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Motorists in the United States spend more than four times as many hours stuck in traffic as they did 20 years ago, according to the U.S. Department of Transportation. Not only does this try your patience, new research suggests it can also do serious harm to your heart.

In a study published last fall in the New England Journal of Medicine, researchers in Germany analyzed the records of almost 700 men and women who experienced a heart attack. Heart attacks were roughly three times as likely to occur within an hour of sitting in heavy traffic, compared with other situations. Most of those who had heart attacks following traffic jams were driving their own cars, although some were caught in traffic while using public transportation.

It's not clear whether the heart attacks were triggered by air pollution or other factors, such as stress. But previous research has established both as important heart risks.

Living, working or exercising in polluted air has been linked to an increased risk of a heart attack in a number of studies. Pollution particles may trigger ischemia, a potentially catastrophic shortage of oxygen to the heart muscle. Carbon dioxide emitted from vehicles' exhaust pipes can displace oxygen in the blood, threatening the heart.

A December 2004 study tied the specific type of pollution generated by stop-and-go traffic to markers of cardiovascular disease in nine healthy, nonsmoking highway troopers in North Carolina.

In addition, a wealth of research has linked anger and other negative emotions to heightened heart attack risk. These emotions can cause a surge in stress-related hormones, such as adrenaline and cortisol, which prime the body to face an emergency. That surge causes physiological changes, such as elevated blood pressure, which can trigger a heart attack or stroke, especially in people whose arteries are already clogged.

You can help protect your heart from these dangers by minimizing your exposure to pollutants and learning to control the way in which you respond to stress behind the wheel. Traveling off-peak (when you can) may lessen the threat, and planning for delays by allowing more time to reach your destination can reduce the anxiety of being late. But if you find yourself in a jam, consider the following strategies:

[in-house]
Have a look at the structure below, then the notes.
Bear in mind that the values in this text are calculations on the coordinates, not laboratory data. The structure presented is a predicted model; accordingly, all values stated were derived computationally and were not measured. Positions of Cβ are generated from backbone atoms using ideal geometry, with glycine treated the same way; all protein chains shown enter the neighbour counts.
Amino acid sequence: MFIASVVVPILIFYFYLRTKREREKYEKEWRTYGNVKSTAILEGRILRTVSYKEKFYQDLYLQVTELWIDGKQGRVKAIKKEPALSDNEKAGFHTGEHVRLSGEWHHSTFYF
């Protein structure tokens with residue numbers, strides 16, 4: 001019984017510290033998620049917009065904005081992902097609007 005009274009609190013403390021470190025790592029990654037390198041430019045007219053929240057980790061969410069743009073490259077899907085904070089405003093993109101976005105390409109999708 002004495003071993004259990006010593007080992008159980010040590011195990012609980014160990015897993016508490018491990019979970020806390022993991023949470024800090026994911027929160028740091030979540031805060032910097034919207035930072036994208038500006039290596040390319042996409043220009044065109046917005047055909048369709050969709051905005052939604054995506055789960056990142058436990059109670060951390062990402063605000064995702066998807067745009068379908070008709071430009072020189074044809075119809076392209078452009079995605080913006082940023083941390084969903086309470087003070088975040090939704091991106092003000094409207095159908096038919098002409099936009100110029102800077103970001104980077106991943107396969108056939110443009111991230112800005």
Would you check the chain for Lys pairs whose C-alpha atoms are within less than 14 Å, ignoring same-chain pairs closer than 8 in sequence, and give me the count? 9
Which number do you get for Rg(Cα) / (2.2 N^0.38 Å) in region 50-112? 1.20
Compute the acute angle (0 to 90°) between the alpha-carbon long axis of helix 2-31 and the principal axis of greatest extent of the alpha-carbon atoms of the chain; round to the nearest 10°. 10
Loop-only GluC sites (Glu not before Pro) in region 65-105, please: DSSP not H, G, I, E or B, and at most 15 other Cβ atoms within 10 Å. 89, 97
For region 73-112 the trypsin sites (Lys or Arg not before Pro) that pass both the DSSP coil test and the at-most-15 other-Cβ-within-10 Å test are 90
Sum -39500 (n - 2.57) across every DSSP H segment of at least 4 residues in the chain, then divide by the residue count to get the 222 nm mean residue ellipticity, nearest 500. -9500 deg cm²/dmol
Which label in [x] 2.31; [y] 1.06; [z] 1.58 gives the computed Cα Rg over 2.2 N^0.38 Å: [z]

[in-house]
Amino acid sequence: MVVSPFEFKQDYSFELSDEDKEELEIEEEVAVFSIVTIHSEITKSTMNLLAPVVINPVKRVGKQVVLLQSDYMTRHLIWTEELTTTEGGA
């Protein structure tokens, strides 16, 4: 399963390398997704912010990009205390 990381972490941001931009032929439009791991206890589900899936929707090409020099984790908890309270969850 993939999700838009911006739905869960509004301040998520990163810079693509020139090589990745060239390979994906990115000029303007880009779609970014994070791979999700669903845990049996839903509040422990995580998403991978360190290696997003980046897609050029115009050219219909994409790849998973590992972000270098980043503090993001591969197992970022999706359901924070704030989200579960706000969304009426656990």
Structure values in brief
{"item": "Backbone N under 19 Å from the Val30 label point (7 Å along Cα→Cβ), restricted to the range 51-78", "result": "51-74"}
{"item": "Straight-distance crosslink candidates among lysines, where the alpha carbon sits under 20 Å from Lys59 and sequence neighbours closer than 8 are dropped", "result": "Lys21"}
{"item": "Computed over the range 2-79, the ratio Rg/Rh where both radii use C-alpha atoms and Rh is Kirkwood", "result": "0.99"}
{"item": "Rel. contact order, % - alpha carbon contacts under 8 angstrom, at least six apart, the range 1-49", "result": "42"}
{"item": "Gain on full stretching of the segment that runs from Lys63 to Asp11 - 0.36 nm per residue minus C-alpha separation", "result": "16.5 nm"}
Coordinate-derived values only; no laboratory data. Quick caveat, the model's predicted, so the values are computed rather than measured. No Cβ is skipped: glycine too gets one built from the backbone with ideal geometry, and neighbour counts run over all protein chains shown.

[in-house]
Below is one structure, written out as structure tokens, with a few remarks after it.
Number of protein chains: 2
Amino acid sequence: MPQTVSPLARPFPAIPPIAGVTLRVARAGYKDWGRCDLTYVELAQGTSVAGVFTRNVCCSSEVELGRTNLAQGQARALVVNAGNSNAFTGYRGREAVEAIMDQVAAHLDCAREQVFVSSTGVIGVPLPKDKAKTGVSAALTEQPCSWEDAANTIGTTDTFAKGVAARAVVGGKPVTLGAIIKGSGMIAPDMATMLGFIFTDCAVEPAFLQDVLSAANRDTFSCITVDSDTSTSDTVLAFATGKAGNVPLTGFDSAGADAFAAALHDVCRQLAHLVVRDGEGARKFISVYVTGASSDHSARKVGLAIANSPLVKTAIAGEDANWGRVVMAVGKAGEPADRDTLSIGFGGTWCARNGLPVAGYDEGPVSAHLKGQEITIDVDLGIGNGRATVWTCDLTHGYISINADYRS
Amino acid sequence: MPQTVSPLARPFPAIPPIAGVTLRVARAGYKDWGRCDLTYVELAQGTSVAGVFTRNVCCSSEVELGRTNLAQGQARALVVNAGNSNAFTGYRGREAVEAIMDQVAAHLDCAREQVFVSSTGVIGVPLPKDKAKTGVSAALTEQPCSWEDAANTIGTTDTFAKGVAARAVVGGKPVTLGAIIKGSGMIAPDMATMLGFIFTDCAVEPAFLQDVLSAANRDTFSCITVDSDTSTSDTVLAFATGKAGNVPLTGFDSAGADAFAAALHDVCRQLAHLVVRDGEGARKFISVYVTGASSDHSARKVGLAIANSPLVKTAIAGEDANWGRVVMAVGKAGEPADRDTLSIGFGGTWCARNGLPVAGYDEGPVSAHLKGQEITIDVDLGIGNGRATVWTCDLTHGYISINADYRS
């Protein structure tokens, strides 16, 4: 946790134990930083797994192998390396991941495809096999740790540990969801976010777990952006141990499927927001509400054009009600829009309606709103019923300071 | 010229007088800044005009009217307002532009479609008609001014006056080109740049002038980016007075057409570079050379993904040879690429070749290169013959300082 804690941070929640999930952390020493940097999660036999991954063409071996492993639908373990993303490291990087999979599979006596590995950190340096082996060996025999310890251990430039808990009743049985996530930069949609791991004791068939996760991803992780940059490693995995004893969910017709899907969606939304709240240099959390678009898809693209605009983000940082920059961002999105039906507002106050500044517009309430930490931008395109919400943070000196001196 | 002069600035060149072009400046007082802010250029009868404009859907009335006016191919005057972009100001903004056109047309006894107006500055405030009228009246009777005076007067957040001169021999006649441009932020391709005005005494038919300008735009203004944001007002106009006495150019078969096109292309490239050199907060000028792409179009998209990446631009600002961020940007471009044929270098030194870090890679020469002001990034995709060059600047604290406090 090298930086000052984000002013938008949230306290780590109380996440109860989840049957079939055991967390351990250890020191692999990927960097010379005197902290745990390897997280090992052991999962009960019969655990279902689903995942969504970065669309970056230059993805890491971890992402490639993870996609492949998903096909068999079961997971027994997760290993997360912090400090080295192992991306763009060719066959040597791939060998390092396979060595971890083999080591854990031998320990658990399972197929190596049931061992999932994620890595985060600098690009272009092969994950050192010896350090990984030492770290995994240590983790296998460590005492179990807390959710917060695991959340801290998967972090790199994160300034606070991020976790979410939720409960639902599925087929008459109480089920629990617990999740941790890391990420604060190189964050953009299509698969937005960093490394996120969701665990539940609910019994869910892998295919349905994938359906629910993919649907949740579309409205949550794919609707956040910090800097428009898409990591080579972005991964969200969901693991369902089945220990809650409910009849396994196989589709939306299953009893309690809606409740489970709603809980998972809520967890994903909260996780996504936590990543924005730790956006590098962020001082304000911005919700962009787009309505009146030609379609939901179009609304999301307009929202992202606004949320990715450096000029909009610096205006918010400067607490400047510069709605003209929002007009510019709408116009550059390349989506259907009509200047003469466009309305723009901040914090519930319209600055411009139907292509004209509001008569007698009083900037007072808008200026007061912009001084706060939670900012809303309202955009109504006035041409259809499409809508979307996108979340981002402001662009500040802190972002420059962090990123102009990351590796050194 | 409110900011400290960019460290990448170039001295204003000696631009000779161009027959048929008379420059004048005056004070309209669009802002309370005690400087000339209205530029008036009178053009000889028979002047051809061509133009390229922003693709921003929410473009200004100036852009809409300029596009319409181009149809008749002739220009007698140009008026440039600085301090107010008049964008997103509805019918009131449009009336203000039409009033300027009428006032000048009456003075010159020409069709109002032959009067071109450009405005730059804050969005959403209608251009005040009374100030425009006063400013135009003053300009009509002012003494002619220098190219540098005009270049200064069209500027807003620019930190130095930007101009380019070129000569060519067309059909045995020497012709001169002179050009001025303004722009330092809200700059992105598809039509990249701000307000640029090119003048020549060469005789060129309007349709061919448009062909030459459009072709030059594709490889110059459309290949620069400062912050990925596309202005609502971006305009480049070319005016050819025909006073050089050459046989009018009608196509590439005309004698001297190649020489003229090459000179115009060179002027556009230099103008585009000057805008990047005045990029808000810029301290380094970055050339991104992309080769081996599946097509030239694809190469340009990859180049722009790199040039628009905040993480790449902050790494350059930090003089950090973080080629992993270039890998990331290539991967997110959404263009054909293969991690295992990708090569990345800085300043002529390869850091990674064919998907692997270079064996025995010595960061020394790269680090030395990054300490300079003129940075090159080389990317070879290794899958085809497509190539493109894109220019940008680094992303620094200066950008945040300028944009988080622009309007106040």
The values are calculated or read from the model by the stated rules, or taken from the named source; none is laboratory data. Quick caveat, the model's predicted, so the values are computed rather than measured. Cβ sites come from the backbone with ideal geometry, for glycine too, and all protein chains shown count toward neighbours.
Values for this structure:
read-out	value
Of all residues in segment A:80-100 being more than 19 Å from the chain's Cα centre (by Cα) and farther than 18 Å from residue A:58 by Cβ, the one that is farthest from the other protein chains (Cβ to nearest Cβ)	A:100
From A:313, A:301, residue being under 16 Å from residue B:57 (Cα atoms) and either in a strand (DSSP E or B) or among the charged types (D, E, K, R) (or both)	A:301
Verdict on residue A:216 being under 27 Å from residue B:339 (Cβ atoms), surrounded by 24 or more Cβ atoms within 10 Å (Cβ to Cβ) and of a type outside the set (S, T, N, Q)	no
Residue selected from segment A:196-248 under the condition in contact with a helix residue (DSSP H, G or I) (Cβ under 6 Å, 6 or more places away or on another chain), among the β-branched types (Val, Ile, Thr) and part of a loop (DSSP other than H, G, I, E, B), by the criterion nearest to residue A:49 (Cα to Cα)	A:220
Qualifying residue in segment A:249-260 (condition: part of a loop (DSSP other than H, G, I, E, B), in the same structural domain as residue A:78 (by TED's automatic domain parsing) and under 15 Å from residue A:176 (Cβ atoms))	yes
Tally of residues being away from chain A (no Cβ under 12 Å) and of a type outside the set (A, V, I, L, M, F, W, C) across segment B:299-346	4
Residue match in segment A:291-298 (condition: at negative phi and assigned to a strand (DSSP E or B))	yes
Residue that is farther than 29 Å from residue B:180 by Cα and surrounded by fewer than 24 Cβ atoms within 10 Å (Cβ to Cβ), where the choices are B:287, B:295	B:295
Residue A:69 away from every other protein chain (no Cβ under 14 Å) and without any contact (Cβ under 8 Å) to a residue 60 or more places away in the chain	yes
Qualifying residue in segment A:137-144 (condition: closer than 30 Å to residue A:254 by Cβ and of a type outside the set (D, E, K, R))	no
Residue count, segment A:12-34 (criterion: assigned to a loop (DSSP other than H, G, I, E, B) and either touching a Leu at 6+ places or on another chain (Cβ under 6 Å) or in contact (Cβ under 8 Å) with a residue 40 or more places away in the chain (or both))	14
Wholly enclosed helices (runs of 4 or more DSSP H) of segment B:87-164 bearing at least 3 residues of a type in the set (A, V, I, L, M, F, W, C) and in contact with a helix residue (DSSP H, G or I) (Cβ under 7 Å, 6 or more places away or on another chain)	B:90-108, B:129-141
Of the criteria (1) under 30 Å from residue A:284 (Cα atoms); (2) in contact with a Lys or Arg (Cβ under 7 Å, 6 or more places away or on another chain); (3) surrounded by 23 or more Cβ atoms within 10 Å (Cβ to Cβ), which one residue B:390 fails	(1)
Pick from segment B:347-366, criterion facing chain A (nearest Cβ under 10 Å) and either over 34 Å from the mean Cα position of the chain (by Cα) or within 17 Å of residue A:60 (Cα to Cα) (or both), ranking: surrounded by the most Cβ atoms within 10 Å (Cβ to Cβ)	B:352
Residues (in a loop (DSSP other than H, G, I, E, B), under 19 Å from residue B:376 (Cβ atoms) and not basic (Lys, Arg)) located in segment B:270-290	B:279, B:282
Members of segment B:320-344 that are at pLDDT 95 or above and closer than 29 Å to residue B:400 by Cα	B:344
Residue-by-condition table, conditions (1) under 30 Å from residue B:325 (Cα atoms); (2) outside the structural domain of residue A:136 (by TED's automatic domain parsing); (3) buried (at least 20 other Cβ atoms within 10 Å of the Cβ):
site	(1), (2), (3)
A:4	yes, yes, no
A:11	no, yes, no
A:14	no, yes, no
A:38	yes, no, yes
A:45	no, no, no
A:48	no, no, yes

Keep windows closed in traffic. This is especially important on hot or hazy days, when pollution peaks. It may help to temporarily turn the air-conditioning system to "Recirculate" or "Maximum AC." This recycles the air inside the car rather than bringing in outside air.

Stay off the phone if traffic is moving at all. Even hands-free phones can slow your reaction times, according to a study published in 2003 in the Journal of Experimental Psychology: Applied.

Don't vent. Ask yourself, "Will it really make a difference if I slam on the horn, cut in front of the truck or curse at that person who's trying to cut me off?" Chances are it won't, and research shows you're liable to feel even angrier afterward.

Use calming techniques. Find a good radio station or listen to tapes or CDs with favorite songs, comedy routines or book readings. Sing or hum a soothing tune. Take slow, deep, steady breaths. Consciously tense and then relax each muscle.

How you equip your car may also help mitigate heavy traffic's harmful effects. If you're buying a new vehicle, consider asking the dealer about models that come with a cabin filter (also called a pollen filter or microfilter) in the heating, ventilation and air-conditioning system. Manufacturers say that the filters - which are available in certain foreign and domestic models - prevent pollutant particles from entering the cabin. We, however, have not tested the validity of those claims.

By the editors of Consumer Reports at